The Suffering Self: Pain and Narrative Representation in Early Christianity

The Suffering Self: Pain and Narrative Representation in Early Christianity


By (author) Judith Perkins

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  • Publisher: ROUTLEDGE
  • Format: Paperback | 264 pages
  • Dimensions: 136mm x 210mm x 22mm | 358g
  • Publication date: 1 August 1995
  • Publication City/Country: London
  • ISBN 10: 0415127068
  • ISBN 13: 9780415127066
  • Edition statement: New.
  • Illustrations note: black & white illustrations
  • Sales rank: 809,500

Product description

The Suffering Self is a ground-breaking, interdisciplinary study of the spread of Christianity across the Roman empire. Judith Perkins shows how Christian narrative representation in the early empire worked to create a new kind of human self-understanding - the perception of the self as sufferer. Drawing on feminist and social theory, she addresses the question of why forms of suffering like martyrdom and self-mutilation were so important to early Christians. This study crosses the boundaries between ancient history and the study of early Christianity, seeing Christian representation in the context of the Greco-Roman world. She draws parallels with suffering heroines in Greek novels and in martyr acts and examines representations in medical and philosophical texts. Judith Perkins' controversial study is important reading for all those interested in ancient society, or in the history 'f Christianity.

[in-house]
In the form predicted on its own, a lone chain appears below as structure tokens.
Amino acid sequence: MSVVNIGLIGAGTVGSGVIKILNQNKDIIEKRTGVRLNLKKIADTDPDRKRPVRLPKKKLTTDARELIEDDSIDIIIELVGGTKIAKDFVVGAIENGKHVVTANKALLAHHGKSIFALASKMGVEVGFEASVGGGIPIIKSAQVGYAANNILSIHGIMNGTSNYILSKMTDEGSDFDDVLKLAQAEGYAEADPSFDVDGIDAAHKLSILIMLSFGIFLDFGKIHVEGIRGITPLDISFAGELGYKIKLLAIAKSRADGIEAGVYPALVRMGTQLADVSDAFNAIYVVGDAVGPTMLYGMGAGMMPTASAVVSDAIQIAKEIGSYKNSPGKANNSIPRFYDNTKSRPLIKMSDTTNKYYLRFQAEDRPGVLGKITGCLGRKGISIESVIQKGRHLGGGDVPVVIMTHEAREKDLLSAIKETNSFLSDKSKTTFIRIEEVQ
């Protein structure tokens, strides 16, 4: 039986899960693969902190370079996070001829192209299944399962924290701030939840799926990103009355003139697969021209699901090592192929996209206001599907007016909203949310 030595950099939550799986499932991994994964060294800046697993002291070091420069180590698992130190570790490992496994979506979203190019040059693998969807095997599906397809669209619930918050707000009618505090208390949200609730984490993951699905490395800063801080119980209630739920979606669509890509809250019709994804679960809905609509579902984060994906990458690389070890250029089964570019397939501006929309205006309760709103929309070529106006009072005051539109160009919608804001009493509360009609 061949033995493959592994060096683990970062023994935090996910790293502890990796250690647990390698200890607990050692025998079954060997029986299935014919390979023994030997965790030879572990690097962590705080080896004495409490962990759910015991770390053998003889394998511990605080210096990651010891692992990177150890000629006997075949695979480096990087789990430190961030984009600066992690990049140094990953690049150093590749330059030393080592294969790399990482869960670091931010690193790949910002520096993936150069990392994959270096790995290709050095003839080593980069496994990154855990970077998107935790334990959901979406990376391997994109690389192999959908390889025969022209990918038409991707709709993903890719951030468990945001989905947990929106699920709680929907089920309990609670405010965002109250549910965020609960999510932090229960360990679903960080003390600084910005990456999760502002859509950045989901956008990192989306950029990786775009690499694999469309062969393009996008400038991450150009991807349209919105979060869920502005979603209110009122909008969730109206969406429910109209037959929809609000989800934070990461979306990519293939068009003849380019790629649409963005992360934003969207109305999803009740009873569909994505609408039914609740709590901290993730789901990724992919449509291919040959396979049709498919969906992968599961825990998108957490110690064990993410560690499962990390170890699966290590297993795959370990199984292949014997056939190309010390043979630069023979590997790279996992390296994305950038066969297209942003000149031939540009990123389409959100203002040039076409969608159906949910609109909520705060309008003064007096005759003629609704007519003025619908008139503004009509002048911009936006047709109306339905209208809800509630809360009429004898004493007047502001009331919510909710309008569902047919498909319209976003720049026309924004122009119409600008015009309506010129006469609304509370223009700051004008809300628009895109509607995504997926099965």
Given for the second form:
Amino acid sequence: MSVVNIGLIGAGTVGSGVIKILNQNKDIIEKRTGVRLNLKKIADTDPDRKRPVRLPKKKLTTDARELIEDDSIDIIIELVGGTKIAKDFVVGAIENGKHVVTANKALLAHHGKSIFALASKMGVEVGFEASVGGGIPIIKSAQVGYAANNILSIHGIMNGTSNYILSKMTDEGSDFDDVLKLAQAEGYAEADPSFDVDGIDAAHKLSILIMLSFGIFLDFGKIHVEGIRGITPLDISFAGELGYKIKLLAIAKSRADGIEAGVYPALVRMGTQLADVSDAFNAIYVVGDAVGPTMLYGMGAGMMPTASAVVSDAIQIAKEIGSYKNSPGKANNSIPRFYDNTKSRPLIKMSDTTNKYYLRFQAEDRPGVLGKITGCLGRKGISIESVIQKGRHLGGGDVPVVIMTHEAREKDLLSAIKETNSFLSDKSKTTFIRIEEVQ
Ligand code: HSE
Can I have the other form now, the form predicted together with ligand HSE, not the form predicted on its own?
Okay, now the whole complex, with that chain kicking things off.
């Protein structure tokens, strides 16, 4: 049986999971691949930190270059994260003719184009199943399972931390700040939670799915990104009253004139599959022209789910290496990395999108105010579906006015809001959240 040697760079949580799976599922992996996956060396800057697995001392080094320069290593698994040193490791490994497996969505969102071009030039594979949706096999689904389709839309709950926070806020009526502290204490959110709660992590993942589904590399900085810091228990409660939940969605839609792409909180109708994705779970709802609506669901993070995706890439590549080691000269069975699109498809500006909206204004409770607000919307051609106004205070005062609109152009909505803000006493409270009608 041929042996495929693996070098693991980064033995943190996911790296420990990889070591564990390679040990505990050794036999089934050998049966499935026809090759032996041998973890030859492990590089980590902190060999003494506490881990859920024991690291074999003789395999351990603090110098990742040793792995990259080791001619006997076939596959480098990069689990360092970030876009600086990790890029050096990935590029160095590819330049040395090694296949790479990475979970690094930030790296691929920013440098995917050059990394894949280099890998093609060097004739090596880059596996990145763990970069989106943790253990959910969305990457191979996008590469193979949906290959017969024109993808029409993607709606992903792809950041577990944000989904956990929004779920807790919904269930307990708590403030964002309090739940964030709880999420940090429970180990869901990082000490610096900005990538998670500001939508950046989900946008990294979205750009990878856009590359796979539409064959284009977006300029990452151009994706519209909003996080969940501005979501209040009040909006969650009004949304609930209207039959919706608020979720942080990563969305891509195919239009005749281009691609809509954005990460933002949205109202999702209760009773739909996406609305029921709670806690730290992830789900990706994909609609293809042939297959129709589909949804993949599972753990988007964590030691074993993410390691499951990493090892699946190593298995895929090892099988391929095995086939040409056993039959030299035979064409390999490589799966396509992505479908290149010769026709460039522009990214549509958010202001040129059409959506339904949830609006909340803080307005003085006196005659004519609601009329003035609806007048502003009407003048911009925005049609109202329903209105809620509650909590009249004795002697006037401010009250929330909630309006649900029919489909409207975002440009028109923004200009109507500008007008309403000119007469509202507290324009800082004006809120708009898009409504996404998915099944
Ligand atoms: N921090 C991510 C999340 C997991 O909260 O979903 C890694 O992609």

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Review quote

"The sweep of Perkins's assemblage of ancient texts, and especially her apparent willingness to read across apparent religious and genre boundaries, puts her in good company ... [B]y highlighting the roles of healing and charity ... Perkins not only helps us to see how Christianity may have grown in part by creating 'the subject of its concern' but also reinforces her contention that the representational revolution spearheaded by earlier Christian texts continued to give an unusually privileged and sympathetic place to the sick and the poor in the ancient world."-"Church History ..." demonstrate[s] a remarkable capacity to capture the sense of pain's expressive function ... Perkins' training as a classicist is employed with vigor and elegance."-Patrick Hayes, Yale Divinity School